John: You often read that musicians don’t always play music that is their true love. What is you musical passion?
Darran: The music we play is my musical passion. You can probably tell from listening to our music that we play exactly want we want to play. Steve and I are fans of all musical genres and if those styles find their way into the music, great; over the course of time I’m sure Dan’s influences will creep into our music too. We never restrict ourselves to any musical style: if we like it we’ll play it.
John: Having seen the band several times from your Summer’s End show through to the Cambridge Rock Festival how do you think as a live act you have grown?
Darran: I’m more relaxed playing live and I really enjoy interacting with the audience. I still think there’s plenty of room for improvement performance-wise but that rests squarely at my door: Steve and Dan always seem to be on top of their game.
I’d love to incorporate a keyboard player but they are so difficult to find. I suppose we don’t use keyboards in the same way prog bands do either, so maybe that is a factor, I don’t know.
The live playing has definitely had an influence on our recent material though, subconsciously at least. Although the arrangements are still relatively complex (unintentionally I feel I have to add), there’s a definite heavier influence at work which will make them very enjoyable to play live.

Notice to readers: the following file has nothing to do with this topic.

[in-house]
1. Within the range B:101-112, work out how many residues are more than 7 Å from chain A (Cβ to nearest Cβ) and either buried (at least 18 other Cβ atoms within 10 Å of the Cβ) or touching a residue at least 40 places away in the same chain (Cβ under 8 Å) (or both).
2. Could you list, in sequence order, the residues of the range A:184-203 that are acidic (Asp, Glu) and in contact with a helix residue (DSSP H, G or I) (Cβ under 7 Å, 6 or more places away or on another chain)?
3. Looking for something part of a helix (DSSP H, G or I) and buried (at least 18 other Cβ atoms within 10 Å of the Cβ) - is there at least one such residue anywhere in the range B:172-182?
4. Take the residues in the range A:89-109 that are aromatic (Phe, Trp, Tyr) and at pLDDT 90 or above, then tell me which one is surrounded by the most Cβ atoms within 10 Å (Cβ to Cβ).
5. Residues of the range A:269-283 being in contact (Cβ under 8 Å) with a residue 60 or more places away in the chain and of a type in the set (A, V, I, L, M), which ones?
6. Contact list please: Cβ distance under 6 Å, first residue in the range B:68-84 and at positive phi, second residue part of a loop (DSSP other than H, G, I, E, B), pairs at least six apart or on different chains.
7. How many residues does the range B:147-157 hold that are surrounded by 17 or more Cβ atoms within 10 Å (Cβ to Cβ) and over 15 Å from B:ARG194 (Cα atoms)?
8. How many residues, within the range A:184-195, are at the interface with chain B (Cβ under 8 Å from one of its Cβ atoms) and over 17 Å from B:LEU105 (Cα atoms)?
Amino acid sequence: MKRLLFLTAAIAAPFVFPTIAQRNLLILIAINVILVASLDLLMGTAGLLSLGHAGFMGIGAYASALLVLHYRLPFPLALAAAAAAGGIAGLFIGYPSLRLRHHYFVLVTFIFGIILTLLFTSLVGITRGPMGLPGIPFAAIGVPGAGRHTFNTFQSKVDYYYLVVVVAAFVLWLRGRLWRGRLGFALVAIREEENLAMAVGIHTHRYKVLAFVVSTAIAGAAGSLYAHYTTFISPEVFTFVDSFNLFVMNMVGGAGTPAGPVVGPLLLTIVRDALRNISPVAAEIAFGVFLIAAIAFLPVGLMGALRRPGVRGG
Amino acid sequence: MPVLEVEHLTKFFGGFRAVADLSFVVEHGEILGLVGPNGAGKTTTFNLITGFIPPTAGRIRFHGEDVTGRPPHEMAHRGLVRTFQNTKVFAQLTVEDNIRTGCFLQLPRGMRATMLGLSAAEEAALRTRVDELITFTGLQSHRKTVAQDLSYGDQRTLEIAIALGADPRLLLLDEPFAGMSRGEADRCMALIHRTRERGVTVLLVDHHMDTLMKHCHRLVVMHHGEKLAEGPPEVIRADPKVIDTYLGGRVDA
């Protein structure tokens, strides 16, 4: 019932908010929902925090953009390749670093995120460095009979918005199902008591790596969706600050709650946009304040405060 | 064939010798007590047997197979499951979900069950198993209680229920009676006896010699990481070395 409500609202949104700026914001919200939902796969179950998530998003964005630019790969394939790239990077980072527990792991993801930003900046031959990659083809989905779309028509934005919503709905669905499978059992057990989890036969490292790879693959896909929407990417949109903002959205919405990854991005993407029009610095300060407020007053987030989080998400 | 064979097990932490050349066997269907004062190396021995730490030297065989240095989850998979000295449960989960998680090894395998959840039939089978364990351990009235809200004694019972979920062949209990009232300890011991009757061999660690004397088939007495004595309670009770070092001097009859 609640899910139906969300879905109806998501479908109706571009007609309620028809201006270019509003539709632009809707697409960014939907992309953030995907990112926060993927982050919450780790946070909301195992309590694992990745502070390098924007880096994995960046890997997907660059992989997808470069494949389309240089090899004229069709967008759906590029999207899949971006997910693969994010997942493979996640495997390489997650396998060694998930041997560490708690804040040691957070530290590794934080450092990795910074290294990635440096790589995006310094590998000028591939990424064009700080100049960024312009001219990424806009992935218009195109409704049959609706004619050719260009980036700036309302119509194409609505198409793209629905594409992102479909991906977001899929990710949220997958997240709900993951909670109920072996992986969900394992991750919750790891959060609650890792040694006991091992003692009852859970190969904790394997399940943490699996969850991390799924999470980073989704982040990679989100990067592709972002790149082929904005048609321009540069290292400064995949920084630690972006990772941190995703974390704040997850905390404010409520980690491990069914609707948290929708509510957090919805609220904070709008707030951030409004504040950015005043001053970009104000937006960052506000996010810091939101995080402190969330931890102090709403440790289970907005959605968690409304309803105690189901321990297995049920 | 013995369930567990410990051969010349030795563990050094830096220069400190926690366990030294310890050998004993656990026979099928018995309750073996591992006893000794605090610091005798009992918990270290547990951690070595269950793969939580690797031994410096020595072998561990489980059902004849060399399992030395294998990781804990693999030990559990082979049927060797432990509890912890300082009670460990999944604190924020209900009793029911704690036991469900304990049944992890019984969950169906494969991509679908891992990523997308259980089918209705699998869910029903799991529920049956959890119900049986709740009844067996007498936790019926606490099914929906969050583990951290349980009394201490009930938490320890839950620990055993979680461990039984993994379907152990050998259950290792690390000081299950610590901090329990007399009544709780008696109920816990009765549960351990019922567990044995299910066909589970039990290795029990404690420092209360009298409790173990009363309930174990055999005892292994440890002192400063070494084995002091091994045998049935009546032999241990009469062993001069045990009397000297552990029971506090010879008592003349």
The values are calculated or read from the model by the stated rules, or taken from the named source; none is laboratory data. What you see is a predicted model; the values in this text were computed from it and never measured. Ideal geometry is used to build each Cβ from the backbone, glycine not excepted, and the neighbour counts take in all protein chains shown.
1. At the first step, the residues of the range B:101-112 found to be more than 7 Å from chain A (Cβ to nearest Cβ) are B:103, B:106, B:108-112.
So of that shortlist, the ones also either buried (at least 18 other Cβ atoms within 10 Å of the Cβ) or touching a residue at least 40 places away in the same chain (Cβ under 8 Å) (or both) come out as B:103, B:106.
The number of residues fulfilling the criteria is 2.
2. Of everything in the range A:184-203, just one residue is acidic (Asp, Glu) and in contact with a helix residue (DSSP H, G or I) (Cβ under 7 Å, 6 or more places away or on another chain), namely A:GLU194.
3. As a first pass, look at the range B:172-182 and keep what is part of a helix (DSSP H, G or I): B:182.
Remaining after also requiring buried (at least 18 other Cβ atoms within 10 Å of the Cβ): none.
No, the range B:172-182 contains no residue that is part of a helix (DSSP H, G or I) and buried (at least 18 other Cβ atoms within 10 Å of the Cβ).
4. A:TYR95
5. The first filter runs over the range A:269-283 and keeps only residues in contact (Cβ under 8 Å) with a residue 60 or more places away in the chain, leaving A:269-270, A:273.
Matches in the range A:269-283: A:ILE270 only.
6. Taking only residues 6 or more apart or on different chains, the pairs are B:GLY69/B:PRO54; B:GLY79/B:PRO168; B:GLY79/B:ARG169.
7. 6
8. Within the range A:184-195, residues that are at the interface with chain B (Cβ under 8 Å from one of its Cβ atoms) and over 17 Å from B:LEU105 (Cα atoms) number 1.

John: The real highlight for me during this period though was your stunning set at the Electric Gardens Festival. What are your thoughts on that?
Darran: That was one of our favourite gigs of 2011. It underlines the fact that a receptive audience can really augment a band’s performance. We thoroughly enjoyed ourselves and it was a great feeling playing to such a enthusiastic group of music fans.
The festival had a great atmosphere to: it was quite relaxed and everyone seemed to enjoy all the acts. There were some great ones too, but you can imagine our initial horror at realising that we were following the band that had just played ‘Close to the edge’ in its entirety!! ‘Seyes’ were a great bunch of guys though, and very modest too.
Ken Foster did a great job organising it too. Very nice guy, whom I really felt for on the numerous occasions I saw him standing by himself with this head in his hands!
John: Your music is somewhat intricate and convoluted. How do you approach the writing process?